Football: Desperate England crying out for new management: Taylor vows to soldier on in the hope that something will turn up as divisions appear in the FA over review of the manager's position

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The Independent Online
SO WHERE do we go from here? The short answer is Washington, where England play Brazil on Sunday. In reality the latest destination lies somewhere down among the also-rans of world football.

Deserved defeat by the United States in Foxborough on Wednesday made utter nonsense of all the talk about winning three on the bounce in the autumn to qualify for the World Cup. If England cannot cope with the novices of the international game, what chance do they stand against the Netherlands?

Graham Taylor is trotting out the same, lame excuses we heard after the capitulation in Norway. But for the American goalkeeper, England would have won 4-2, instead of losing 2-0.

'This is a battle for me personally,' he said. 'I've been taught to battle for everything in life. When you're in trouble you don't look around and you don't make excuses. You get in there and work, son. That's what my mum and dad told me and it has stood me in good stead.

'There will be a turning point. Something will happen. I don't know what, and I don't know when, but something will happen.'

Desperate stuff from the Mr Micawber of international management. His shambles of a team lost again, not because of ill fortune but because they cannot defend, pass the ball, or score goals. This latest embarrassment - England's worst for 40-odd years - is such that the manager should resign. He insists that he will not, so he should be sacked - possibly not now, but certainly at the end of the tournament, in 10 days' time.

The players have ceased to respond to his blandishments, performing without pride, passion or proficiency. The man should go. Terry Venables, to name but one, could only do better.

In the suitably Stygian surroundings of the Foxboro Stadium, England played like a bunch of ill-assorted strangers. The lack of cohesive teamwork was unsurprising, given all the chopping and changing of the past few weeks. The dearth of spirit, enterprise, or even basic skill was unforgiveable. This was much worse than 1950, when Walter Winterbottom's England lost 1-0 to the Americans in Belo Horizonte. That was a freak - a collective off-day. This was England playing just about as well as they knew how, and losing to the makeweights of the international game.

Let's have it right. The United States had won just one of 15 previous internationals, and that against Saudi Arabia. Recently they have lost to Japan (3-1) and Honduras (4-1).

Taylor will not have it, of course. He prefers to talk of soldiering on, but his shell-shocked rabble are on the point of running up the white flag. Confused by too many changes, both in tactics and personnel, they have lost confidence in the leadership and are playing accordingly.

What is it today: 4-4-2, 4-3-3 or 3-4- 1-2? Do we get a sweeper? Are we allowed a drink? Whatever happens, it is always the players who are in the wrong. They stop out too late, or they push out too late. Whatever happened to managerial responsibility and the buck stops here?

Little more than a month ago, John Barnes was relegated to a 'bits and pieces' role in midfield, and advised to miss this trip to work on improving his fitness, yet here he is, playing - or rather appearing - as one of the two main attackers. Paul Ince is berated as a headless chicken and a warmonger in Poland, has his knuckles rapped for a nightclub incident at home and is promptly made captain. Inconsistency upon inconsistency.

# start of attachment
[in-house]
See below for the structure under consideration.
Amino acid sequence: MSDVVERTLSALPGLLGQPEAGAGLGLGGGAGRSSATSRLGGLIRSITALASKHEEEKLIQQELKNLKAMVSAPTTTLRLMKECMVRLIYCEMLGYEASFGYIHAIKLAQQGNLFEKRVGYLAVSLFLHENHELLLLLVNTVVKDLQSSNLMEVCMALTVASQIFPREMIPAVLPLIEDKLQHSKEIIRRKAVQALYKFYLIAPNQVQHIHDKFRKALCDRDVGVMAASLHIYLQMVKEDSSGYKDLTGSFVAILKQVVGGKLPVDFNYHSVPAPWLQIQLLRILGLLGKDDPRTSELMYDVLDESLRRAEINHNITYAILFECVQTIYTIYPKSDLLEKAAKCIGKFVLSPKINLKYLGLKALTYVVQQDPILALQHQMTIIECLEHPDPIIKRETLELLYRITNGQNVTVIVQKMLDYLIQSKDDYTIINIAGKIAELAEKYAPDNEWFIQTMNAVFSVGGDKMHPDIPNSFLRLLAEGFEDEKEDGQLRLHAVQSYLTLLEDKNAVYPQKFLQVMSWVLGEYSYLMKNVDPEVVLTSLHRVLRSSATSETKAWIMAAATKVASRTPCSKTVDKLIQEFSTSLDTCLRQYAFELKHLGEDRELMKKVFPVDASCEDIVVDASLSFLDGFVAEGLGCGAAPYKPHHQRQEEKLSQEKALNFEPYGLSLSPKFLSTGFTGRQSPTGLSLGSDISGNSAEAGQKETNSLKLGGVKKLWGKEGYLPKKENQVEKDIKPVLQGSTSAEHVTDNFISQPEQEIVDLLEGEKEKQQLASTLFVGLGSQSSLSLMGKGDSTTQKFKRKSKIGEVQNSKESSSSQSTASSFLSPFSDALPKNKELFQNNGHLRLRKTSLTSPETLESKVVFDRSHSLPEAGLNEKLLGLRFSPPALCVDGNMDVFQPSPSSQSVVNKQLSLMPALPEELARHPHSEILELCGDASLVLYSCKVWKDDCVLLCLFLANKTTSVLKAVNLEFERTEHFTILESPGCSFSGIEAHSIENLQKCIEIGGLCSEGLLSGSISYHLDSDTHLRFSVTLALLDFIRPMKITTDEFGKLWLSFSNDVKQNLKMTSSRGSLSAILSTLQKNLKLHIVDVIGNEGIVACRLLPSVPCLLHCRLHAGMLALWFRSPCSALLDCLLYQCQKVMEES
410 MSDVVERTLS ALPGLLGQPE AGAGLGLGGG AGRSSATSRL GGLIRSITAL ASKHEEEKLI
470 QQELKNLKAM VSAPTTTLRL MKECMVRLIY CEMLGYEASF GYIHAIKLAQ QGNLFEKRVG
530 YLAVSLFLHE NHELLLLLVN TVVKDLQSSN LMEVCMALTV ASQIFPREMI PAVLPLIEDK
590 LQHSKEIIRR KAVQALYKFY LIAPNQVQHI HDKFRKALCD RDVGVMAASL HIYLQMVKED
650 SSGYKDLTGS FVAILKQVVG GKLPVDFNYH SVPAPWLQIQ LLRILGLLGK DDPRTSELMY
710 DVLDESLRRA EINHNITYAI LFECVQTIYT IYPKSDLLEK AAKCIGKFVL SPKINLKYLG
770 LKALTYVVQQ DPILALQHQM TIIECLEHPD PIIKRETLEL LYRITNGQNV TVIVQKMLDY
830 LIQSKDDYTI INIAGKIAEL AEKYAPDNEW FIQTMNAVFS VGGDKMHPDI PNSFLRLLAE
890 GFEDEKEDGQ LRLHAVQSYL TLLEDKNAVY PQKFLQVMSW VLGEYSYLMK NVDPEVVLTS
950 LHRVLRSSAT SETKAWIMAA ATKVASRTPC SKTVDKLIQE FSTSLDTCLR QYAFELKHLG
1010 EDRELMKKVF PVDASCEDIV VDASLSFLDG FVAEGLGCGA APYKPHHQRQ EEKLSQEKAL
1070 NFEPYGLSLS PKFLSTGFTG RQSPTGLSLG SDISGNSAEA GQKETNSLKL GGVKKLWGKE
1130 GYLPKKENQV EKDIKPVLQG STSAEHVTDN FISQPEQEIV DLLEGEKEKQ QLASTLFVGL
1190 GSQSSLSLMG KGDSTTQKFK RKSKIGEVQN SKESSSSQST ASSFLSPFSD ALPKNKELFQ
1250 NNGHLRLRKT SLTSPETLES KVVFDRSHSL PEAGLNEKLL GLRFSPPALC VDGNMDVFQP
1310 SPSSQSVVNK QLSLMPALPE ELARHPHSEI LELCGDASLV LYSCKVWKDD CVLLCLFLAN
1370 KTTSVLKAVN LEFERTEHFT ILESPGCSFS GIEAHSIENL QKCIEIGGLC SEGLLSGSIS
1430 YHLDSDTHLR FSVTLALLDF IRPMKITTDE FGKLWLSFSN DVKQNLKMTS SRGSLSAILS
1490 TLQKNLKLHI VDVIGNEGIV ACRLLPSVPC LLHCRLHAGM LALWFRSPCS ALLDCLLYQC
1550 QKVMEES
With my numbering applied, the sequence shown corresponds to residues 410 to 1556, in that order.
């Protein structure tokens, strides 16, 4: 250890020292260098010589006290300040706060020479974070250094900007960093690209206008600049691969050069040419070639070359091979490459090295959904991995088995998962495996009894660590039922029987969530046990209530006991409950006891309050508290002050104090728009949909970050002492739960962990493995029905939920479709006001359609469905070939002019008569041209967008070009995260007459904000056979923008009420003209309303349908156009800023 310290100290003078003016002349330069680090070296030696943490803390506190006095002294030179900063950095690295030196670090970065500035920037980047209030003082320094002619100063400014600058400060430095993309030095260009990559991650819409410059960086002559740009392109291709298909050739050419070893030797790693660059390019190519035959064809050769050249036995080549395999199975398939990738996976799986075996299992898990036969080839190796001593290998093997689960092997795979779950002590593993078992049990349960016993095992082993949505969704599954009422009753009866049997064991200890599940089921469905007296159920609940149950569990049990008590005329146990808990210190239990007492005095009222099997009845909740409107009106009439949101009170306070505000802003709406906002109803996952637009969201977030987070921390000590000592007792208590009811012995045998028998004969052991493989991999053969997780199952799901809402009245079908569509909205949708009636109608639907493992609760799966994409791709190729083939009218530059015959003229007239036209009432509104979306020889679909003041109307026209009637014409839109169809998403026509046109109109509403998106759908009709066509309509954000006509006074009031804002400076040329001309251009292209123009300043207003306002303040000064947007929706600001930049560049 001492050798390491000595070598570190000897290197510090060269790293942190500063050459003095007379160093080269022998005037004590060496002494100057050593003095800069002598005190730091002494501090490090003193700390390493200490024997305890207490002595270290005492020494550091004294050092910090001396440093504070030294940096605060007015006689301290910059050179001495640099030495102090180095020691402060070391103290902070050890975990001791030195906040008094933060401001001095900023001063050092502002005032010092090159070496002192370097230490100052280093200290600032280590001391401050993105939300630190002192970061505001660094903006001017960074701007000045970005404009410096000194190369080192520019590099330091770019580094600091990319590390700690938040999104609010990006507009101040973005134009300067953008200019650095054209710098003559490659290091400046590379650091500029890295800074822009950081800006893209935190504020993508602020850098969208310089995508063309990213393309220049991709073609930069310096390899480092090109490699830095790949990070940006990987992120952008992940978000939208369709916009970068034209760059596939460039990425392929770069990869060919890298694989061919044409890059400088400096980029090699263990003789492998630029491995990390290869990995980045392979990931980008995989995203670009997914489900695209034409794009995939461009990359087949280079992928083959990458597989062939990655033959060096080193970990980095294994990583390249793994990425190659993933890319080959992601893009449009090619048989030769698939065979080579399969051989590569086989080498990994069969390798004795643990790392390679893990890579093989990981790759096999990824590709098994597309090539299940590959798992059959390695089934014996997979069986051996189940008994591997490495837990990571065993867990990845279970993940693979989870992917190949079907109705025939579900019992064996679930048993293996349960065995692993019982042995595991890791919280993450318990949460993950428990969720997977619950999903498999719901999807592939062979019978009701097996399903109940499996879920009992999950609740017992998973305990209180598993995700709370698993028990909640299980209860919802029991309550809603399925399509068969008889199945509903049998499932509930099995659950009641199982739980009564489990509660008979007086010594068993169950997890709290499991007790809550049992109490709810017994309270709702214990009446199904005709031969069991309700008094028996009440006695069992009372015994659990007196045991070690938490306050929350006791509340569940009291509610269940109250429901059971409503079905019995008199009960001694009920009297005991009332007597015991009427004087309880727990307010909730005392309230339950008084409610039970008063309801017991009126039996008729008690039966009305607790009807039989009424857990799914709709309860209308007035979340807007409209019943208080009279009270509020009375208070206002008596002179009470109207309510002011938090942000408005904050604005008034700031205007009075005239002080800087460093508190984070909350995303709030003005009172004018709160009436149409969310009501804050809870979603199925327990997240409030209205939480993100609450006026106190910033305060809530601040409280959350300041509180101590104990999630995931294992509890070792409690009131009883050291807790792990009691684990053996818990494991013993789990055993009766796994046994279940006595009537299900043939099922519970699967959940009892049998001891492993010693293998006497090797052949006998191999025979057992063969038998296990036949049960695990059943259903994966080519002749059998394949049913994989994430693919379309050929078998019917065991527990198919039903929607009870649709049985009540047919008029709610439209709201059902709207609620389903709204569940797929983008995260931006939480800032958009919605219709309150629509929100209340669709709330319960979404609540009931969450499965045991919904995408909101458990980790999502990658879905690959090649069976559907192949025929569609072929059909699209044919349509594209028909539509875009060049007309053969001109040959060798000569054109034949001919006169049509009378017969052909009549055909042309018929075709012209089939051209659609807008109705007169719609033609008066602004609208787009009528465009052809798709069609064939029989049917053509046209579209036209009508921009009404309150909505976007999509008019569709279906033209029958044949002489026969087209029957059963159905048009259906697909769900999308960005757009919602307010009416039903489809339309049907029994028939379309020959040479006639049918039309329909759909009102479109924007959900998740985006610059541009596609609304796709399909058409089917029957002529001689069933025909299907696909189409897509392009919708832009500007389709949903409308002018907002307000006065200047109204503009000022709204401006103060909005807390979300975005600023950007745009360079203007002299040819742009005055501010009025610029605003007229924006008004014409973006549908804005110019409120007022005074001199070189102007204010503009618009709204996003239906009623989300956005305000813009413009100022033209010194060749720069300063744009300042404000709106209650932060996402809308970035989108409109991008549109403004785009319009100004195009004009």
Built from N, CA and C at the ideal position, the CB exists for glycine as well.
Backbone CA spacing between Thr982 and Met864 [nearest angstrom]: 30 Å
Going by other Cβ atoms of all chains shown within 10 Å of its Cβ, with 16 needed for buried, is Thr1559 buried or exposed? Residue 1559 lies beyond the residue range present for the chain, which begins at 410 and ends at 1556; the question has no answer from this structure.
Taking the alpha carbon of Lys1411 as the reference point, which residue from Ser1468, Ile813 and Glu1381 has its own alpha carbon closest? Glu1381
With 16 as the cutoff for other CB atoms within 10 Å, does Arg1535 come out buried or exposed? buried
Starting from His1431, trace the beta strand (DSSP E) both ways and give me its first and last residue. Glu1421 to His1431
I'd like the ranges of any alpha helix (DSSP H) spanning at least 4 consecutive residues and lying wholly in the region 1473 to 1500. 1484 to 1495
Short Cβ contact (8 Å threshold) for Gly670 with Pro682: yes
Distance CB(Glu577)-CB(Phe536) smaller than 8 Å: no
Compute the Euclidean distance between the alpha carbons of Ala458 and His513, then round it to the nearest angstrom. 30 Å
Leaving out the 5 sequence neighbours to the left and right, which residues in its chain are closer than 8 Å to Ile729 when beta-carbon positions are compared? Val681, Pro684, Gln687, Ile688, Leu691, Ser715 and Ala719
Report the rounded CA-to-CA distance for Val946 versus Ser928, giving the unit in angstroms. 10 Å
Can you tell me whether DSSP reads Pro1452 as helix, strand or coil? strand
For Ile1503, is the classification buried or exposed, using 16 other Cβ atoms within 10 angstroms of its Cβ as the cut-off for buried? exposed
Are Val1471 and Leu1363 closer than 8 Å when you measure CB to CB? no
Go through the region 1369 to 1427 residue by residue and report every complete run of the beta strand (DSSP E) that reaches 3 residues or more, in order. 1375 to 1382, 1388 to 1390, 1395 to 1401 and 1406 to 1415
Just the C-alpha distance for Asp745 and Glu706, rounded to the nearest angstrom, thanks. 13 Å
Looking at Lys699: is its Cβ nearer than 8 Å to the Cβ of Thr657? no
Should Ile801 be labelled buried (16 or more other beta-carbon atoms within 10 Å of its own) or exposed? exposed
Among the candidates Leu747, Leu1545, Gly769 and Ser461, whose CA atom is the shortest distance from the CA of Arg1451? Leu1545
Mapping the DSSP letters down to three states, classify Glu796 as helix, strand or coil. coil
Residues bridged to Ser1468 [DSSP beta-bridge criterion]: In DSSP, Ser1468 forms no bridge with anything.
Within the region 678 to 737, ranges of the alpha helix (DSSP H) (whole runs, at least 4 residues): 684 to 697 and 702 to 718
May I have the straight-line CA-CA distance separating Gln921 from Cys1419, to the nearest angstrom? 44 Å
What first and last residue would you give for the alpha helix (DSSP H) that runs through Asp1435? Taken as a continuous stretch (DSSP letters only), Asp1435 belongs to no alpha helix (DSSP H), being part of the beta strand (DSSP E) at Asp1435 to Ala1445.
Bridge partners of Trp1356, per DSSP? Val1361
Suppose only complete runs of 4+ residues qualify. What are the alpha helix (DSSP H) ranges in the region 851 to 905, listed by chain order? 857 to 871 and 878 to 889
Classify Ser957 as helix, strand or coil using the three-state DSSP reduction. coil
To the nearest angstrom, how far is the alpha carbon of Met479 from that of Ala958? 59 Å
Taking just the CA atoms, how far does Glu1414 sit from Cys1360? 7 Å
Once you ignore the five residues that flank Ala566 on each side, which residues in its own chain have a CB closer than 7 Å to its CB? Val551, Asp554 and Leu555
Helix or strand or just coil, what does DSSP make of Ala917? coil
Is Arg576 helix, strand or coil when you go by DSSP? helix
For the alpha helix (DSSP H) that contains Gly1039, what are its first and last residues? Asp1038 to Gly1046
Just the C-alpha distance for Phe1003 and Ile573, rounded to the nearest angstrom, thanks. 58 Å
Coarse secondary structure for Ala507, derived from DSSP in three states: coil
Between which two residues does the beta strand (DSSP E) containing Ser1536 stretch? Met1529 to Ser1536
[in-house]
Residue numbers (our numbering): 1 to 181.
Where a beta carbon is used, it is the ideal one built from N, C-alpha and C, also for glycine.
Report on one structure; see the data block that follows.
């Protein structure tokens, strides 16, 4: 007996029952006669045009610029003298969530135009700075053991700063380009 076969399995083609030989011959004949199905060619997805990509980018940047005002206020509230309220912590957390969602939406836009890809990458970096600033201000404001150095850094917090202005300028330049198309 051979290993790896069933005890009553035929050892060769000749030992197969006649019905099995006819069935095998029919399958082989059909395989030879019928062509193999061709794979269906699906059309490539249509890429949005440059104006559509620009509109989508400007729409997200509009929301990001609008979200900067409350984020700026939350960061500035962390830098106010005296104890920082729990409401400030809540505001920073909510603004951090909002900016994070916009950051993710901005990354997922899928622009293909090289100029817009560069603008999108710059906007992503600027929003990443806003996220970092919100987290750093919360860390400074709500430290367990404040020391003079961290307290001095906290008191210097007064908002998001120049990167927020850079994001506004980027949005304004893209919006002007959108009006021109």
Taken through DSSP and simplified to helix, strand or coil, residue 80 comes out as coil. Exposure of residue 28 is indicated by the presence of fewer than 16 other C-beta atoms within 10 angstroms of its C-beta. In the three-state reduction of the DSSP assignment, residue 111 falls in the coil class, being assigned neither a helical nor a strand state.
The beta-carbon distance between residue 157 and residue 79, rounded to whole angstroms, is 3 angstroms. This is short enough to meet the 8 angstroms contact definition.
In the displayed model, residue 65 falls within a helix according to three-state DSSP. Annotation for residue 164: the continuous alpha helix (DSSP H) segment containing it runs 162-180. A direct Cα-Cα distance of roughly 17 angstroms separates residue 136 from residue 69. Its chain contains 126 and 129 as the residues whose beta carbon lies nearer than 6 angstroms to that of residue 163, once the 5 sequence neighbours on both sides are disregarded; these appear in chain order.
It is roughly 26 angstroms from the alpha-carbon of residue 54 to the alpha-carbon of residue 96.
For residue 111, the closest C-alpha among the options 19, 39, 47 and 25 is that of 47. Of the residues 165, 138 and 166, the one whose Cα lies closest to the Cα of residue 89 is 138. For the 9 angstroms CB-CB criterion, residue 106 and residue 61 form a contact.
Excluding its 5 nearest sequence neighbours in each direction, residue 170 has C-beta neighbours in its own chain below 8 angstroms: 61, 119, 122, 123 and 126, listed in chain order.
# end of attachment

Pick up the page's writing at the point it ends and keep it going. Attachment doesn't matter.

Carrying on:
The devil's advocate tells us that Taylor's team were below strength on Wednesday, lacking Gascoigne, David Platt and Tony Adams, but Gascoigne and Platt hardly pulled up any Norwegian wood last week, and heaven help us if Adams is essential to England's well-being.

The truth is that a decent club side could beat the Americans - FC Zurich came close in February - but England are not that good, lacking the teamwork which comes only with confidence, in men and method.

The United States were indebted to their goalkeeper, Tony Meola, for an outstanding performance, but it was stretching the point to suggest, as Taylor did, that they were lucky to win. They had the cleverest, most inventive player on the field in Roy Wegerle, whose insidious infiltrations embarrassed England's plodding defenders, and they could easily have scored at least two more.

True, Ian Wright might have had a couple after substituting for the delicate Les Ferdinand, but what's new? For England, Wright continues to get it all wrong.

The predator of the Premier League does not look up to it at international level, but he is by no means alone in that. The same could be said of at least half this team - Dixon, Dorigo, Batty, Sharpe, Clough, Ferdinand. Even the new captain, Ince, suffered by comparison with Wednesday's modest opposition.

Are there better players around? Not too many, although Paul Merson, Nigel Winterburn and Earl Barrett are worth a try. The real fault, though, lies with the director rather than the chorus line. The right man could get much more from the same cast.

Taylor, much given to quoting the words of his favourite pop songs, is both moody and blue these days, so why not Go Now? His resignation at the end of this tour might enable a successor to bodge up the damage well enough to get England to the World Cup. Taylor's dummies won't do it. Tel's Belles just might.

Germany recovered from a 3-0 half- time deficit to draw 3-3 with Brazil in the US Cup in Washington last night. Thomas Helmer, with an own goal, a penalty from Careca and a strike by Luisinho gave Brazil their lead, the world champions replying with two goals from Jurgen Klinsmann - his second a last-minute equaliser - and one from Andreas Moller.

(Photograph omitted)